Great Code Reviews: Dos and Don’ts

In any large piece of software, even though multiple teams are working on it, the goal is to make it look like one person has written all of the code! This is an ambitious target but companies use different mechanisms to get closer to it. Some of the key mechanisms include:

  1. Coding guidelines
  2. Automatic format and idiomatic code checkers
  3. Peer code reviews

Doing code review of your peer’s code is one norm in all software development companies. Every developer spends a lot of time doing it in their career. Even so, this is one of things that is rarely taught and many developers go through decades of their software lives without really mastering this skill.

I would argue that this should be taught as part of software engineering courses in colleges and universities. Perhaps some research into formalizing the process and evaluating the quality of a code review will also help. We should also focus more on team projects and building code together, instead of individual assignments.

Since this is a joint process between the developer and the reviewer, we have to have guidelines for both. So how can reviewers do better reviews?

How to be a better reviewer

A code review serves three purposes in my mind:

  1. Making sure the code is following coding guidelines, best practices and idiomatic ways of doing a certain task;
  2. Finding any obvious bugs, like division without checking for 0, array indices out of bounds, error by 1 in going through the list, deadlocks or lack of proper locking in accessing shared variables; and
  3. Making sure that code follows the right design and architecture and functions are put in right places.

Now, #3 is the hardest and most important thing to look for in a code review, then #2 and then #1. Doing a review for architecture also requires a good sense of the overall code base, skill of doing a modular design and putting those pieces together. Some of the common issues I have seen in practice are:

1) Poor function placement: One of the common problem is defining functions in the same file or place, where they are being called. I call this the “unwanted code locality” problem. It is critical to consider if some code should be a library function, which should be used by multiple components. Only code specific to a component should reside in it. I would argue that lot of code these days should belong to library functions or common utils.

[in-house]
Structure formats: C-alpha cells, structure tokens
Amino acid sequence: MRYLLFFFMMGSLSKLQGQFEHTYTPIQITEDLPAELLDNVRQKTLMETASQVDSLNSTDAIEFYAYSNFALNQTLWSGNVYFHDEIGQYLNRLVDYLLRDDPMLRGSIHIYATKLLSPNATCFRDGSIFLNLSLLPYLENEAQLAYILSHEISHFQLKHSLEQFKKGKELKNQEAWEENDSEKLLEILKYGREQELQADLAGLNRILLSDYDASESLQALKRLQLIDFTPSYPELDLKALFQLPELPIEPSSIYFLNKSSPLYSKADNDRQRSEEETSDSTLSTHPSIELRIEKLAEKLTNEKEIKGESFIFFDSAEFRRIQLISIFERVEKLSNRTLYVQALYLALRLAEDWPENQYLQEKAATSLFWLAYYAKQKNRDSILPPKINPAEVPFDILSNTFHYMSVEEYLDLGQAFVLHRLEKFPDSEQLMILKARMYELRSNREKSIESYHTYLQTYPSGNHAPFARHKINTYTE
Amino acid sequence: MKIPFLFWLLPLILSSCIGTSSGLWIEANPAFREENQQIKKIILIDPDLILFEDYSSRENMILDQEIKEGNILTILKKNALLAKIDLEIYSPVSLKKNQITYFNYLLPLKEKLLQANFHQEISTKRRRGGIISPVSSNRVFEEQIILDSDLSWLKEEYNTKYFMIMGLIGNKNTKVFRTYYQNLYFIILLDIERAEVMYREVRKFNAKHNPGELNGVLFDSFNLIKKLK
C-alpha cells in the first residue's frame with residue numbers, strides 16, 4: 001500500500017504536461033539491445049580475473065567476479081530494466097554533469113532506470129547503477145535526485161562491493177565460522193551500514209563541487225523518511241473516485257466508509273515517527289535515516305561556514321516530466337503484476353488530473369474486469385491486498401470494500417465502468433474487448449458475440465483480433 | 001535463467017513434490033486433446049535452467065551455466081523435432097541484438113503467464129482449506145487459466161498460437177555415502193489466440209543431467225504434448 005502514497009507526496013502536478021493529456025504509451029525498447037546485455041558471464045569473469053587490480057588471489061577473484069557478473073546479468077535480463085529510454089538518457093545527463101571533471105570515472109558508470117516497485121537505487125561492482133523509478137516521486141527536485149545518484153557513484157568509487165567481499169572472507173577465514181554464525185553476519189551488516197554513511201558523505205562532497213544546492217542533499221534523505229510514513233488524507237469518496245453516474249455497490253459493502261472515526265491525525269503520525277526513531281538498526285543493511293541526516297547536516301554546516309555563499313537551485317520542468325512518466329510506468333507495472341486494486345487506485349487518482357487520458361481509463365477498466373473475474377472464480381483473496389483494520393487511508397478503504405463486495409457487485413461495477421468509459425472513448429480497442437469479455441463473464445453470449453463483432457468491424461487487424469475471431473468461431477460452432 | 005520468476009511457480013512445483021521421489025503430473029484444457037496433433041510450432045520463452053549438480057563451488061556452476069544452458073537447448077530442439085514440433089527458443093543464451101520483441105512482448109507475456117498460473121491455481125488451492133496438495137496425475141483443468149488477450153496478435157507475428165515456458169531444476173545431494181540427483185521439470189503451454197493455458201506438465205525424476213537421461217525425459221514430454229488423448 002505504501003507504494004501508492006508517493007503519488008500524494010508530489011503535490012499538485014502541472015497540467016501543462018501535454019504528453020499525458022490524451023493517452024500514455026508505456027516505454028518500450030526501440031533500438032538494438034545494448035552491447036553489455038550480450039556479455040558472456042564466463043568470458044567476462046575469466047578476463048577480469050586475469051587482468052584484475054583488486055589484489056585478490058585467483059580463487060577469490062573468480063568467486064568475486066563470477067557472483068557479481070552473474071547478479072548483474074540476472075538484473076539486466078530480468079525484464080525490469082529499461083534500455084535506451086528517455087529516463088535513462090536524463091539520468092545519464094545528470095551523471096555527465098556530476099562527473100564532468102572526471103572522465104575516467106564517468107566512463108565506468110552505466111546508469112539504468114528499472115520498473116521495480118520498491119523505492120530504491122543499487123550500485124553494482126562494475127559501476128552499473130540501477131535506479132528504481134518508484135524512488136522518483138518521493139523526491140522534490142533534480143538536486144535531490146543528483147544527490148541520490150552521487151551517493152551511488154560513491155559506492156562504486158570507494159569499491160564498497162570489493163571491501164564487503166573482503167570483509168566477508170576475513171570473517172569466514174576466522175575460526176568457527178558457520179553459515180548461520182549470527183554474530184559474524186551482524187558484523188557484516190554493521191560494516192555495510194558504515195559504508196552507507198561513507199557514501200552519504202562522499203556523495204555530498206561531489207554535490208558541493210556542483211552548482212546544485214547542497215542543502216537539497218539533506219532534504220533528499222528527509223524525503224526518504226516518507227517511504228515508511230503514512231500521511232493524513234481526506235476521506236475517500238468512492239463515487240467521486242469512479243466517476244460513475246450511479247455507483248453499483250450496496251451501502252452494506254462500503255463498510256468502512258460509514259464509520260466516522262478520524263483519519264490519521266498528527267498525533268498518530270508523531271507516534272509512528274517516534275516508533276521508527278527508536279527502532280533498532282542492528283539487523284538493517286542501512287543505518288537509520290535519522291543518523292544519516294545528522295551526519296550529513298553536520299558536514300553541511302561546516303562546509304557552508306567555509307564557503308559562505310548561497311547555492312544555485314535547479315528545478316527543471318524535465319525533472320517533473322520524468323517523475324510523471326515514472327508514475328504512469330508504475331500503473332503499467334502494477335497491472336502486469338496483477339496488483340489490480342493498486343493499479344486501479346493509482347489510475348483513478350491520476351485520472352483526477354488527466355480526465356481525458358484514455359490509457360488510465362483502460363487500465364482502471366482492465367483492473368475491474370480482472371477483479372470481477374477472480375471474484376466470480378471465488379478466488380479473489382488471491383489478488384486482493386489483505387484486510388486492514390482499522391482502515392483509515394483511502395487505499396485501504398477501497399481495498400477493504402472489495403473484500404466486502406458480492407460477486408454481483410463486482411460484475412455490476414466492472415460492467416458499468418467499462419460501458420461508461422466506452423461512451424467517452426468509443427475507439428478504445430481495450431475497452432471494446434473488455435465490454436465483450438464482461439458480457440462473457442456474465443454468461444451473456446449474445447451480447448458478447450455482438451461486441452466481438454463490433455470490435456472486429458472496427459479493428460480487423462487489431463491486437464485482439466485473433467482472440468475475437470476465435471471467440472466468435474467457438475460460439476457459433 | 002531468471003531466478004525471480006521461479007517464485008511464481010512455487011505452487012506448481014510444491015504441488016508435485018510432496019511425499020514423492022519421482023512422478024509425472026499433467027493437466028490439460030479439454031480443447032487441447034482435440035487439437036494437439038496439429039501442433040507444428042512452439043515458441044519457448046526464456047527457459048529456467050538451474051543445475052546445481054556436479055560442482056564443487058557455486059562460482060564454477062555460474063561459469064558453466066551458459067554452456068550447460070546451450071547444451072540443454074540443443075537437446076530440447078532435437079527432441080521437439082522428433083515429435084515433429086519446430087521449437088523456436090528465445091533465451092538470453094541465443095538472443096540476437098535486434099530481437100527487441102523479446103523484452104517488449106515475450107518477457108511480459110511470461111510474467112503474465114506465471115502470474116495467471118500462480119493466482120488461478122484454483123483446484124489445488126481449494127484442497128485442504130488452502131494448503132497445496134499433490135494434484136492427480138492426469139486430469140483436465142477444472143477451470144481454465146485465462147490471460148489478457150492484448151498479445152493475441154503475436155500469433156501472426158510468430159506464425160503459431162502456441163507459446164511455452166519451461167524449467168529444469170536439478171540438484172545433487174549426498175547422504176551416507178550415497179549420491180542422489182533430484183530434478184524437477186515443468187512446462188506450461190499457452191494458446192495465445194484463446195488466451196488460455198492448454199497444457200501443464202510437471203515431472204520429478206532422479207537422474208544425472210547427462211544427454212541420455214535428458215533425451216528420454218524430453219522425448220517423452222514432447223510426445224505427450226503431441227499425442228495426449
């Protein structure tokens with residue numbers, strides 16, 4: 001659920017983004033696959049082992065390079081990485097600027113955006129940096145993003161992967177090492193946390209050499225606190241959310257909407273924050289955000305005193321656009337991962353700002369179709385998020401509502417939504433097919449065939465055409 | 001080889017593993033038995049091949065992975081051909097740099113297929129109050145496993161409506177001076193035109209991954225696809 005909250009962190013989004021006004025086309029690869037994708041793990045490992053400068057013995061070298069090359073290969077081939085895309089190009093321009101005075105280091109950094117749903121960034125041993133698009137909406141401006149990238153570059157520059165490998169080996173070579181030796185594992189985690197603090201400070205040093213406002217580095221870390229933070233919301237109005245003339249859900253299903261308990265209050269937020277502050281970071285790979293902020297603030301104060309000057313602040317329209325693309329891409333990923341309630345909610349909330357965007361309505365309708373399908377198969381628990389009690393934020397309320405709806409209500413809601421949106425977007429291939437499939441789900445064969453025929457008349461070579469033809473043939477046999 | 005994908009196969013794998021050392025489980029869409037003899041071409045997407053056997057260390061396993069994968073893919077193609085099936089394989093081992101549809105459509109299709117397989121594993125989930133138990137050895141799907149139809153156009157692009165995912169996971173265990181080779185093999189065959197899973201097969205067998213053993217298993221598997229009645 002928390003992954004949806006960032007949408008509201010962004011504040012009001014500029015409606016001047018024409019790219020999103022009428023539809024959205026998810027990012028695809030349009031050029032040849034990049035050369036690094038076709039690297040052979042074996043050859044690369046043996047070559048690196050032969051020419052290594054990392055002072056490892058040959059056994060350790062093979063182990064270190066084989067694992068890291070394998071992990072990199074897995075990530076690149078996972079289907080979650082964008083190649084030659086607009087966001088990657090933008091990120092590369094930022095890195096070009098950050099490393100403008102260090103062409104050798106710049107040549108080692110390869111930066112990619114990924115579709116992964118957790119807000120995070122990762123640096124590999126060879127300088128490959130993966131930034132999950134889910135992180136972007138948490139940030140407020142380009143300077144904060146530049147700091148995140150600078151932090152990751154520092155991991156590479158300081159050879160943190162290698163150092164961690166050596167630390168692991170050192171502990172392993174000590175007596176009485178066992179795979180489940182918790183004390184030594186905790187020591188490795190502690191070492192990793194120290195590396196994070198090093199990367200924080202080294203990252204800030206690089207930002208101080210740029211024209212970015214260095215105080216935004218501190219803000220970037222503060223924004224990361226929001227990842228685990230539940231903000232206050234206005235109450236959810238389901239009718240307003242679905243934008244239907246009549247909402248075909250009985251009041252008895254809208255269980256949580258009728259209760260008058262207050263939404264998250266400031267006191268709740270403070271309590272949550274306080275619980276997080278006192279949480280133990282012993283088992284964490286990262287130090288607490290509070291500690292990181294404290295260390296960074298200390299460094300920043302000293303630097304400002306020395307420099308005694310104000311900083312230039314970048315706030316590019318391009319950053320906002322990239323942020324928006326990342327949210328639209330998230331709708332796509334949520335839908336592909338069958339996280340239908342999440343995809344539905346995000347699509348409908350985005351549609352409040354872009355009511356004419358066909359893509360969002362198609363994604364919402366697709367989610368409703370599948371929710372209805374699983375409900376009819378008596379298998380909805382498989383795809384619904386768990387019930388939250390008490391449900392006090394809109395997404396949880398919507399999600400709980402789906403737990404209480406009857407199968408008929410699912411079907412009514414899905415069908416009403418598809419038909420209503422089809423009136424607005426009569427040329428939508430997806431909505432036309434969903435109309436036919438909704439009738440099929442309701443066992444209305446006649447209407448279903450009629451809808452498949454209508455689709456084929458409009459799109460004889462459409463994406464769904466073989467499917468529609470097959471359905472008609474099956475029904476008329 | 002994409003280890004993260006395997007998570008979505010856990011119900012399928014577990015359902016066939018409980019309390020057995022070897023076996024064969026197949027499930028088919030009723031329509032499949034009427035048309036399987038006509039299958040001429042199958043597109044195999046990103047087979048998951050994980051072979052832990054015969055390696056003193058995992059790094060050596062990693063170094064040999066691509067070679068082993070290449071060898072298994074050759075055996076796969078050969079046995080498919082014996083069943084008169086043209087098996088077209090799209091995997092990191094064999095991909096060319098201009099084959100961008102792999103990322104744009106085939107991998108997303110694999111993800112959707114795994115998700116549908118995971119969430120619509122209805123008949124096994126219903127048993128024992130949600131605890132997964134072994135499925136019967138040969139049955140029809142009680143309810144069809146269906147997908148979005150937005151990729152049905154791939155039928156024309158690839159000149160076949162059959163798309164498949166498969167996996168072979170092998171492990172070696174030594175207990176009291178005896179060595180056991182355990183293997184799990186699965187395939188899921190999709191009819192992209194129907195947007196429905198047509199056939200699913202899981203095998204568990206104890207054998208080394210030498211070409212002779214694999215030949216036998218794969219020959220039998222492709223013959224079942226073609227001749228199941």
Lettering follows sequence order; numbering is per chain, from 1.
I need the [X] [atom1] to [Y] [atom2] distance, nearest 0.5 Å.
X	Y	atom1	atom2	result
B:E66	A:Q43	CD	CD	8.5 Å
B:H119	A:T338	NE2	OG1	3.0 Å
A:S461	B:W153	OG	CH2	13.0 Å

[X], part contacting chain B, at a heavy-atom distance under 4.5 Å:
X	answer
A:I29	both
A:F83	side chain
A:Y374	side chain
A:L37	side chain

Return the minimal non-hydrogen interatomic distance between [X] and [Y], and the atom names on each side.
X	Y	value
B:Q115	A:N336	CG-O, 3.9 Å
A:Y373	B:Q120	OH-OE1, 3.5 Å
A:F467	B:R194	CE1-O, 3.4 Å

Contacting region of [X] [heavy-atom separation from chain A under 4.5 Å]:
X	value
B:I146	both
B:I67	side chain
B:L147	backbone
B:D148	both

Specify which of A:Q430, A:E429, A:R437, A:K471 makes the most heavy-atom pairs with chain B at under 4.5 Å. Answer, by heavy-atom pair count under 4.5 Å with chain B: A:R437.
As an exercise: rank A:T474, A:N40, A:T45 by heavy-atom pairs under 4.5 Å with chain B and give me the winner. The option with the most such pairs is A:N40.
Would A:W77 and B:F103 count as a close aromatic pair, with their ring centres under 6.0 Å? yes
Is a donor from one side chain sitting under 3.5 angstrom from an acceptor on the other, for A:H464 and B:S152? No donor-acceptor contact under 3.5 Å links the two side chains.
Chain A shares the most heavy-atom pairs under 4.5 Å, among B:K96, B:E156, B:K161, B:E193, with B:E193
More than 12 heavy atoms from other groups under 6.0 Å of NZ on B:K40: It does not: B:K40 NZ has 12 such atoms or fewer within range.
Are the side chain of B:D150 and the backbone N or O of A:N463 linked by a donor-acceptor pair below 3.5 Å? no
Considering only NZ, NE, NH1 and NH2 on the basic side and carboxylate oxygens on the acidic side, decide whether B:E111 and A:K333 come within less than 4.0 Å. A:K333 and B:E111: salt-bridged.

2) Parameter bloat: As the need for features comes in, people typically add more and more parameters to a function and grow the list to almost look like a bag of things instead of maintaining a clean interface. It is critical to keep a clean function call interface and not add too many parameters or return values to a function. Just because a function can return something, doesn’t mean it should!

3) Structure bloat: It is also easier to add more fields to existing structures instead of adding new structures and using them. This makes the structures also look like a bag over time instead of a group of fields that always work together. Also, one has to worry about which fields are not initialized at any time or in a specific location. This creates bugs over time.

4) Longer functions and files: It is fairly common to see functions and files get longer over time. It is easy to add more code to the same function than to factor out the code and move it into separate functions and files. Always keep a limit on functions and files as part of coding guidelines. The actual limit may vary based on your programming language.